Throughout Cybersecurity Month, we will introduce you to our experts, they will talk about what they are passionate about, their expertise and how they are helping to build a safer digital society.
A real IT and security enthusiast, Robinson Delaugerre, Incident Response and Digital Forensics Manager explains his job to us.
The ethos of my job is helping victims. Making sure that companies that are victims of a security incident can take back control and start over.
What do you mean when you say incident?
There are several definitions of the same word. For us, a security incident is the result of voluntary, malicious actions by someone seeking to do harm.
Any violation of digital security can be called an incident, but I believe they may be accidents as something can be done inadvertently. It is relatively easy to respond to an incident. We can take action with the person who made an error or after fraud has occurred.
I call it an incident when there is a hacker opposing me. I call them “threat actors,” someone who will respond to what I am doing and who will continue hacking. It's a very important difference.
It's important in the way we respond?
Yes! There are two main moments in a security incident. Intrusion and detection.
The first stage, intrusion, is when the hacker gets into your system. Detection is when you realize. And between the two, there is a zone: the hacker is in your system, you don’t know about it, and they do what they want. The longer it lasts, the more dangerous it is.
On the other side, after detection, the same zone is mirrored. It is when you know the hacker is there, but they don’t know that they have been detected yet: this gives you a significant operational advantage. It's a key moment.
That is when brains beats bots...
Yes, now we have to be intelligent. If a hacker is good enough, interested enough to stay where they are, then they will. They build an attack that is difficult to detect that will enable them to come back six months after first being detected. They come back from what had been detected the first time.
Between the time when the hacker doesn’t know you are there and the time when they do, what is your margin of maneuver?
There are lots of things we can do during this time.
The first thing is trying to identify the type of hacker and why they are there. These are the first two questions: Who are they? What are they doing here? If it is an opportunistic attack, we can take very fast, strong action. We can scare them by cutting off all access, by deploying security solutions, in a nutshell: we strike hard!
But if it is a complex, intelligent attack and we are having trouble identifying all the ways the hacker is controlling the system, they stay inside and they know we are there, what we have seen, the means we have, and what we haven’t seen yet. Then the hacker goes away, or continues to hide things, taking precautions to be able to come back in the future.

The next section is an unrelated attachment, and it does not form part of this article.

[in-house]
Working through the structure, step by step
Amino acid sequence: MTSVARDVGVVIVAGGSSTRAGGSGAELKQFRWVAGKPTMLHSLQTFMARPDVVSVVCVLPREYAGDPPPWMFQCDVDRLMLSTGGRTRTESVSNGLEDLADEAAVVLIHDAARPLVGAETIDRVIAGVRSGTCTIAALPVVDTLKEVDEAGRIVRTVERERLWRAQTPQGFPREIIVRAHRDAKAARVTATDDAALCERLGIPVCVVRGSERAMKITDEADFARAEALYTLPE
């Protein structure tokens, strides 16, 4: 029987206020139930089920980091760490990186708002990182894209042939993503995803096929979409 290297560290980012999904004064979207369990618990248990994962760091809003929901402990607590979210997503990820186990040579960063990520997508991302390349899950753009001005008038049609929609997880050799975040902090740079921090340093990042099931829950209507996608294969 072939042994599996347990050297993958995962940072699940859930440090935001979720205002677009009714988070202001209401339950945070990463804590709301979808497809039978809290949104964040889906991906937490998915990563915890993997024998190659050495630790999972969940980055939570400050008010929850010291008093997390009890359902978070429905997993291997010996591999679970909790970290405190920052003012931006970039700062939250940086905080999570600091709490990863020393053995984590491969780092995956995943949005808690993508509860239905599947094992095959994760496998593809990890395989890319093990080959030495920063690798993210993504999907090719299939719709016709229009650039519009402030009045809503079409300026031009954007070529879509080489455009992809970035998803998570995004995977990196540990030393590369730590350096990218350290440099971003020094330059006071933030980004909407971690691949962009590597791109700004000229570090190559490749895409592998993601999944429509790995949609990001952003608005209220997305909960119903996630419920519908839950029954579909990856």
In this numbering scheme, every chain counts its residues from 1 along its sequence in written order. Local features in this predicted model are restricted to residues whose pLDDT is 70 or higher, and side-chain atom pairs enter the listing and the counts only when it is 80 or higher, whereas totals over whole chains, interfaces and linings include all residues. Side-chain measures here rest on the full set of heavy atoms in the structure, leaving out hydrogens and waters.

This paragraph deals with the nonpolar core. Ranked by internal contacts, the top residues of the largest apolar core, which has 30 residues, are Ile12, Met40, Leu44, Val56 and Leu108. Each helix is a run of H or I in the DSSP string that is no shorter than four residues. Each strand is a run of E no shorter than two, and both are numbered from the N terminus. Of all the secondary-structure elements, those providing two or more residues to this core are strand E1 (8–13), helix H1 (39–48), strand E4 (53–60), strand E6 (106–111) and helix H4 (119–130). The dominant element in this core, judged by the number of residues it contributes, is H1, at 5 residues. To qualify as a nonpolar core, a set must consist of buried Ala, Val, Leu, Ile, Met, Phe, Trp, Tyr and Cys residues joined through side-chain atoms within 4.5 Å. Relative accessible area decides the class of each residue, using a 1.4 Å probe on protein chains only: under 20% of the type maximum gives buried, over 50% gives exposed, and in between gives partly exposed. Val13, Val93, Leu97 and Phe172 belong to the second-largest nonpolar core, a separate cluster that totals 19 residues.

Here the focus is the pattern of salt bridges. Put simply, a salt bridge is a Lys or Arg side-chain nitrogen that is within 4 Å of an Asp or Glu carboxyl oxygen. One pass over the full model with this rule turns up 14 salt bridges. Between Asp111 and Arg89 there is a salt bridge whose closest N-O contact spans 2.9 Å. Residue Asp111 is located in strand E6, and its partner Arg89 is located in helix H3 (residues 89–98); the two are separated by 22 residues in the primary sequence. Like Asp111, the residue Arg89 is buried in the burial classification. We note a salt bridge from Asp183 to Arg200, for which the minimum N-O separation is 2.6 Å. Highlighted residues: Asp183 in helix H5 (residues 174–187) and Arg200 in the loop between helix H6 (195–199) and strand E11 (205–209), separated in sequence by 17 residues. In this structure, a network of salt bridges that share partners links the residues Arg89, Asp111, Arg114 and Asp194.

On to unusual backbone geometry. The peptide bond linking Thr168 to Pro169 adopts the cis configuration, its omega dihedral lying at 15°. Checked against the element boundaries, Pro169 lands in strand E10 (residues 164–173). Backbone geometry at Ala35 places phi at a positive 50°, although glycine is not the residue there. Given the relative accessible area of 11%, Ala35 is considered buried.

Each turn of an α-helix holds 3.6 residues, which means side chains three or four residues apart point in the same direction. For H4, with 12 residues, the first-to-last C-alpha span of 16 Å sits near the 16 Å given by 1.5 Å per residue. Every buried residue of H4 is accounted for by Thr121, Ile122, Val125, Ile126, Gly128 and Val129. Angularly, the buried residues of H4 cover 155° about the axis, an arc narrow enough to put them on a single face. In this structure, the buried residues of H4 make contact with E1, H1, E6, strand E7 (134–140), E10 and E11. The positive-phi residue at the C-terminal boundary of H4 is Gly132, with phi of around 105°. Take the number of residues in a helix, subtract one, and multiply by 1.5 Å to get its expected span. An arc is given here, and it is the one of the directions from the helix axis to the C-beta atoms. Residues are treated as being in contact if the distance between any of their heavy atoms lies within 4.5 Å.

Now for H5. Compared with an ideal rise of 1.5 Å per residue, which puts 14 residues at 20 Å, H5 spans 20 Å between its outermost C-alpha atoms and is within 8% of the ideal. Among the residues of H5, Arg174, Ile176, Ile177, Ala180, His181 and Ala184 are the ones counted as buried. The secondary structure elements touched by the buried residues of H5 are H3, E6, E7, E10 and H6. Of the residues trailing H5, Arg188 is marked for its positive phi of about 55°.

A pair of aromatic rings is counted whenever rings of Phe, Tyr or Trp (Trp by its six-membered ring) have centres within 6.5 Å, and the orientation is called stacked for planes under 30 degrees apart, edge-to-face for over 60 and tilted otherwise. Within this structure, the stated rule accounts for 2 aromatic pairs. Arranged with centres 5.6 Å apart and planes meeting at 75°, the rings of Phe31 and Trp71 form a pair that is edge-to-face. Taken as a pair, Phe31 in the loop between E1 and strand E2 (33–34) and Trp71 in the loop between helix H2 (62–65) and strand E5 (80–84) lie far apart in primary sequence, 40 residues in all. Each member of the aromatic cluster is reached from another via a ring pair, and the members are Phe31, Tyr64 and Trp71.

You get a real sense of tension, and I imagine that you are working against the clock. Is the response time essential?
No, actually! It’s counter intuitive, I know. Every second counts to react, but it requires a high level of maturity. I have customers who say to me: “with ransomware you have to act as fast as you can!” But I’m not going to run to put the fire out when the house has already burned down.
Everything depends on your ability to detect things quickly, and to detect subtle things. If I react within 10 minutes, the hacker only has one foot in the IT system. I cut off the foot, close the door, they can't get in again, right? But who have I detected? What have I detected?
If I take a medical analogy, gangrene, we quickly detect the attack and do what the doctor does, cut it off. In this case there is a rapid, direct response. Very little harm is done. But what data has the hacker managed to get in this time? What is the potential they will come back through another door? Do I react 10 minutes after or 20 minutes after?
How have the types of incident changed in the past few years?
In the past decade, what has happened, is that cryptocurrencies have arrived on the scene. That was the beginning of the end. This enabled some hackers to find a way to be paid by taking people’s data hostage, in a much safer way for the hacker. The business model of (non-state) hackers was revolutionized. Up until then, they monetized their attacks by stealing bank cards from e-commerce sites. But these companies were fairly well defended.
Four or five years ago, amateurs went pro and ended up sitting on millions in bitcoin. But that money needs to be laundered. And that is when the networks were created, the hackers got into bed with organized crime, and real cybercriminal mafias were born. You wouldn’t think they were organized like firms, with a hierarchy, teams, departments, and even an HR department.
Hence the coordinated, complex attacks with no specific targets?
Yes, these attacks no longer necessarily have a specific target when they are launched. They become targeted, depending on opportunities and the response.
Yet attacks against hospitals are front page news. Are they not targeted?
No, not necessarily. It is purely opportunistic. It just so happens that hospitals have lots of IT infrastructure and cannot stop working, so they are more vulnerable. Hackers get into a hospital among other targets, but they wait for the right moment, Friday night for example.
And if we talk about this more, it is obviously because it has a significant impact, as continuity of care is at stake. It puts the patients’ health and even their life at risk.
Stress management, both our stress and the victims’, and the fact that there is no room for error. And this takes a whole lot of organization.